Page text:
How the U.S. Empire Contributed to the Economic Crisis
by Ivan Eland
9 May 09 | AWC
A few — and only a few — prescient commentators have questioned whether the U.S. can sustain its informal global empire in the wake of the most severe economic crisis since World War II.
And the simultaneous quagmires in Iraq and Afghanistan are leading more and more opinion leaders and taxpayers to this question. But the U.S. Empire helped cause the meltdown in the first place.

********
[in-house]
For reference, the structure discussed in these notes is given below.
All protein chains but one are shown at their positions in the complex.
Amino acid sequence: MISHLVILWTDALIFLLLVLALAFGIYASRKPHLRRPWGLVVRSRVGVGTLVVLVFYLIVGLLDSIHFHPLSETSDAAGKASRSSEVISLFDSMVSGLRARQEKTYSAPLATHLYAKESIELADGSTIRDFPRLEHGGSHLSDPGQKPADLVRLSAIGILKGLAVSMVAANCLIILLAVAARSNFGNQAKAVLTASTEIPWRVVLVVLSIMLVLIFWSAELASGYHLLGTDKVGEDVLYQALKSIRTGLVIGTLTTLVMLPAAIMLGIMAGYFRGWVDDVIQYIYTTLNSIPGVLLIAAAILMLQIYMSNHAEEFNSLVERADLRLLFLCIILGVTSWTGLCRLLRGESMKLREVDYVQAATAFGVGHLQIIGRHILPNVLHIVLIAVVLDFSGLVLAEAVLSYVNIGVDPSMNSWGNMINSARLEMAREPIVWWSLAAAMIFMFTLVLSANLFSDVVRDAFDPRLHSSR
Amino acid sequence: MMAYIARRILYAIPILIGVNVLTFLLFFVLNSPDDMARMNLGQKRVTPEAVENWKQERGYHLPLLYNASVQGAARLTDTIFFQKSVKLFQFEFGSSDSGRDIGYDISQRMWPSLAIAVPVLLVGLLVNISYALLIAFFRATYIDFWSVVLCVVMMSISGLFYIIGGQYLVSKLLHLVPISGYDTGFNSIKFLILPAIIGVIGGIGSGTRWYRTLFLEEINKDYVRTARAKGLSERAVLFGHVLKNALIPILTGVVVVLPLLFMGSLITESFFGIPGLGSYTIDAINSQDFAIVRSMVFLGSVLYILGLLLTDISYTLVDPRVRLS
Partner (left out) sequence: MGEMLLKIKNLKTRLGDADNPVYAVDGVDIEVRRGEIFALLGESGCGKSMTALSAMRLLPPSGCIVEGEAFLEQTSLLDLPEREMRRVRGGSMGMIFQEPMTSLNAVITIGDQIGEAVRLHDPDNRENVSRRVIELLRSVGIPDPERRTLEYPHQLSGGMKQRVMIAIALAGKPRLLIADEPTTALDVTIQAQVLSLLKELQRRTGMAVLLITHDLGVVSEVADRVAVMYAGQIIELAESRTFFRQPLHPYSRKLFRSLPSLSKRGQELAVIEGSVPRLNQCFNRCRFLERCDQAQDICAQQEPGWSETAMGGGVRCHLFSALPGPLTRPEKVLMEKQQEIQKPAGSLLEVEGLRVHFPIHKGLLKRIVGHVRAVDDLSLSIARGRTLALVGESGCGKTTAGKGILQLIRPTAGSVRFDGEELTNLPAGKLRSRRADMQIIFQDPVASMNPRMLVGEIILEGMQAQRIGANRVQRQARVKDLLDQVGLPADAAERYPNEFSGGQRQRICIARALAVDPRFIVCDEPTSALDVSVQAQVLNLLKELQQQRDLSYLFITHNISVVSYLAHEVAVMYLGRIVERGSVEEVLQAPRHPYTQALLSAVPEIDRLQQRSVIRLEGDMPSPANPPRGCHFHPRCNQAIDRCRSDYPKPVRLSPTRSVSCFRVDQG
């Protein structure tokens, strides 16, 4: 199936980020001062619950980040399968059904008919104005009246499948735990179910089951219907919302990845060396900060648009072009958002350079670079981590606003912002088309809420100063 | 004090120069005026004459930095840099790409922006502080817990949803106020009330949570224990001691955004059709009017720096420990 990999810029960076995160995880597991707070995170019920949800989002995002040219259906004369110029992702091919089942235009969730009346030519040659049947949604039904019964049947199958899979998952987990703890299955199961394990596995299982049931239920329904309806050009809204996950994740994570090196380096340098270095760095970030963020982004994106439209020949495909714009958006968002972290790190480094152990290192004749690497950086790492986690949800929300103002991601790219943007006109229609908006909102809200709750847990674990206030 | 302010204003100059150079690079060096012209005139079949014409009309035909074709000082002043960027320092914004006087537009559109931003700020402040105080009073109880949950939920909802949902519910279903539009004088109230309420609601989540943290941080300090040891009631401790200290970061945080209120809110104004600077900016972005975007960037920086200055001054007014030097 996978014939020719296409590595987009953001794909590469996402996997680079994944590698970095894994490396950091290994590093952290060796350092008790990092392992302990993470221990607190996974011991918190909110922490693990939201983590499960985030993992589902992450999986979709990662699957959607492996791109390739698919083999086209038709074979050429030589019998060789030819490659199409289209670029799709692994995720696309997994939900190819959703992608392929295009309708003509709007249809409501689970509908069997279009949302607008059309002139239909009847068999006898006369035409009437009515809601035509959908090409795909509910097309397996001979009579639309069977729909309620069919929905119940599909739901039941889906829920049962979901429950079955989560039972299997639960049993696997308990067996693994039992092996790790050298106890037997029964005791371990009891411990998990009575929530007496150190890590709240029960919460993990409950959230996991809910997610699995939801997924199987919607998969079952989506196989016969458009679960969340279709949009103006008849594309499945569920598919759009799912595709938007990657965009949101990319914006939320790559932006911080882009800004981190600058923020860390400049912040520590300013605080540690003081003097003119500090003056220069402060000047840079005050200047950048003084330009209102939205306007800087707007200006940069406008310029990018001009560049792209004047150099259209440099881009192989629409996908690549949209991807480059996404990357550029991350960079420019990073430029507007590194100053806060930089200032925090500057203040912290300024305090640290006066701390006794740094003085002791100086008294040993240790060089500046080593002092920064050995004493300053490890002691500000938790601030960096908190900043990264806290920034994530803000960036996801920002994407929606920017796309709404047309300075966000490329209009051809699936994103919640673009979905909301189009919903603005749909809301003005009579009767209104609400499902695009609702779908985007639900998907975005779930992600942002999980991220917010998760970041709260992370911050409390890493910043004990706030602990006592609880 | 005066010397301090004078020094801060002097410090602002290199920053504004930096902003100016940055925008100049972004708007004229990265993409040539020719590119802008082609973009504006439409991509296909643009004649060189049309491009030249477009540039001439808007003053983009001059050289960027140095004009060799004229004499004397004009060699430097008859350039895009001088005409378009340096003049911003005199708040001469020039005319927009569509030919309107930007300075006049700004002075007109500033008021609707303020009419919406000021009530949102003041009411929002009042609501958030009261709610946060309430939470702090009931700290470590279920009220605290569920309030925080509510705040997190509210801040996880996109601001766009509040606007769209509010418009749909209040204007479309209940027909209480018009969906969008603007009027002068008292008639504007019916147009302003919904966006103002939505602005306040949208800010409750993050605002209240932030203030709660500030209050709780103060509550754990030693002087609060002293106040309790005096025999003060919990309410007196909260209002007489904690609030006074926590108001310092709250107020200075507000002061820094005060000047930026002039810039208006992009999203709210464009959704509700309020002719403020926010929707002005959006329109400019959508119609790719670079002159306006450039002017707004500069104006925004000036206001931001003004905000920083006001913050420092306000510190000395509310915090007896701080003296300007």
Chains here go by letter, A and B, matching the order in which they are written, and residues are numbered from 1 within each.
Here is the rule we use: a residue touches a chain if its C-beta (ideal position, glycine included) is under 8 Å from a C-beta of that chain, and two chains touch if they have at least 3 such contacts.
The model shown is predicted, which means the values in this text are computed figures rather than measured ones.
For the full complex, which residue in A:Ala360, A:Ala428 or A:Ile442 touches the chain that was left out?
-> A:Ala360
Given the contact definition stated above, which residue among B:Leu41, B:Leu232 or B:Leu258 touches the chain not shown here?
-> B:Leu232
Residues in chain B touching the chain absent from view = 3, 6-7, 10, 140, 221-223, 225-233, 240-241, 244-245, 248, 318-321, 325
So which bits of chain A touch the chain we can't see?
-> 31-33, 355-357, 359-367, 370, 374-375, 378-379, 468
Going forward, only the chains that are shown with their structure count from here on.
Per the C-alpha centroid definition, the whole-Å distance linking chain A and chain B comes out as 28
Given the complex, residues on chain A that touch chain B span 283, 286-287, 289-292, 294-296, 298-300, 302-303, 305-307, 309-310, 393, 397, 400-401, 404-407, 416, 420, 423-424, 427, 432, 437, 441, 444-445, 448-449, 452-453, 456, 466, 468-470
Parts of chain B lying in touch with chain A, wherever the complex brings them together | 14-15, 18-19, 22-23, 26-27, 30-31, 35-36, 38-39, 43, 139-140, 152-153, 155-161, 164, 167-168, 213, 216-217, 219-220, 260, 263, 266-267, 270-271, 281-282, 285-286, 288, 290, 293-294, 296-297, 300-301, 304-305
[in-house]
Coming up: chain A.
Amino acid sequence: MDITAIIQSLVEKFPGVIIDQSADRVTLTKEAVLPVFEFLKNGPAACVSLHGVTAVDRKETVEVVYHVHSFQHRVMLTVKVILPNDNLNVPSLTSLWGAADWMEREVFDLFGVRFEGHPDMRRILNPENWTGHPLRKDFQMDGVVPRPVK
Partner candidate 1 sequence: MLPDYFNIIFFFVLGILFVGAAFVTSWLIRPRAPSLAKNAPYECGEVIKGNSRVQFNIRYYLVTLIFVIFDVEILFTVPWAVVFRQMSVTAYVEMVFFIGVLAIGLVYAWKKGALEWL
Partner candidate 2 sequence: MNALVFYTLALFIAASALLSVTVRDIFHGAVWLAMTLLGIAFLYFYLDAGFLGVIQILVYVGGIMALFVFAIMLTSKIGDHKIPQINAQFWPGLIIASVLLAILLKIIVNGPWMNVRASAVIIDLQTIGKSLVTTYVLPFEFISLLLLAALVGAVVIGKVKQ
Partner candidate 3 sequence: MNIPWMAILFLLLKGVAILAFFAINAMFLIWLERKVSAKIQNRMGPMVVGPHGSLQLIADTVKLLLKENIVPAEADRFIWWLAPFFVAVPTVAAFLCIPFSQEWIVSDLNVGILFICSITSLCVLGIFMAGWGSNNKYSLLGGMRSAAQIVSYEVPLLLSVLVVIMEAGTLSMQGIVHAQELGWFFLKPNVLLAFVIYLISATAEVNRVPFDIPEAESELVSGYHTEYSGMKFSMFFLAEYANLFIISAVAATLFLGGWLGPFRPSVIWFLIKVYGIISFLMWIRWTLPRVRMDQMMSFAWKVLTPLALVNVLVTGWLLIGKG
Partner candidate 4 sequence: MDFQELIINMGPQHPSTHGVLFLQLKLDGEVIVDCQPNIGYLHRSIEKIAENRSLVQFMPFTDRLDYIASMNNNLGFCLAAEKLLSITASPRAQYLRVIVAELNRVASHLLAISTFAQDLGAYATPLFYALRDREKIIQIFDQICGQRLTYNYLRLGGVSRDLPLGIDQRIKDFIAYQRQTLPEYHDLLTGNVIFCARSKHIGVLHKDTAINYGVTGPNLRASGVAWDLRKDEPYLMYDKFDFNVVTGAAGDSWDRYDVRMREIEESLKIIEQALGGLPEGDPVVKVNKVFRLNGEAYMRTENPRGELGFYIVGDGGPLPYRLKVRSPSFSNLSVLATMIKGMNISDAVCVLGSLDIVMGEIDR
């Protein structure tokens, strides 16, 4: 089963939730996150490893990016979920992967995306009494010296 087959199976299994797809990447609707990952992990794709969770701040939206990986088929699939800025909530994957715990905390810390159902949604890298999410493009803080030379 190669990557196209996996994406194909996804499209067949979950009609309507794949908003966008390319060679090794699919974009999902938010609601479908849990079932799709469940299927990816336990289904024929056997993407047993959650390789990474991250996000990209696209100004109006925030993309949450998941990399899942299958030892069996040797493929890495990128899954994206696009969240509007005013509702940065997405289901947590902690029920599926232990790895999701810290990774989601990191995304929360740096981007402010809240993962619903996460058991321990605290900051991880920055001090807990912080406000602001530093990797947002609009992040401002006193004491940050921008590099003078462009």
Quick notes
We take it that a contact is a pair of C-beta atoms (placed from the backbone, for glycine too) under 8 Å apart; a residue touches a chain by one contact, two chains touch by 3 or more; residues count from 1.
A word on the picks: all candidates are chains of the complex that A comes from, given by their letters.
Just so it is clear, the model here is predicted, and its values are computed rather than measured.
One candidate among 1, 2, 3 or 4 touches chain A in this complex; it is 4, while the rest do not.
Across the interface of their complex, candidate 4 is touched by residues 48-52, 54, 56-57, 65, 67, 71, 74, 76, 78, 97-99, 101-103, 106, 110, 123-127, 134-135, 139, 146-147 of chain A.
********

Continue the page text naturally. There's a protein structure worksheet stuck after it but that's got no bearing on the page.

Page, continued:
War has a history of causing financial and economic calamities. It does so directly by almost always causing inflation — that is, too much money chasing too few goods. During wartime, governments usually commandeer resources from the private sector into the government realm to fund the fighting. This action leaves shortages of resources to make consumer goods and their components, therefore pushing prices up. Making things worse, governments often times print money to fund the war, thus adding to the amount of money chasing the smaller number of consumer goods. Such “make-believe” wealth has funded many U.S. wars. >>>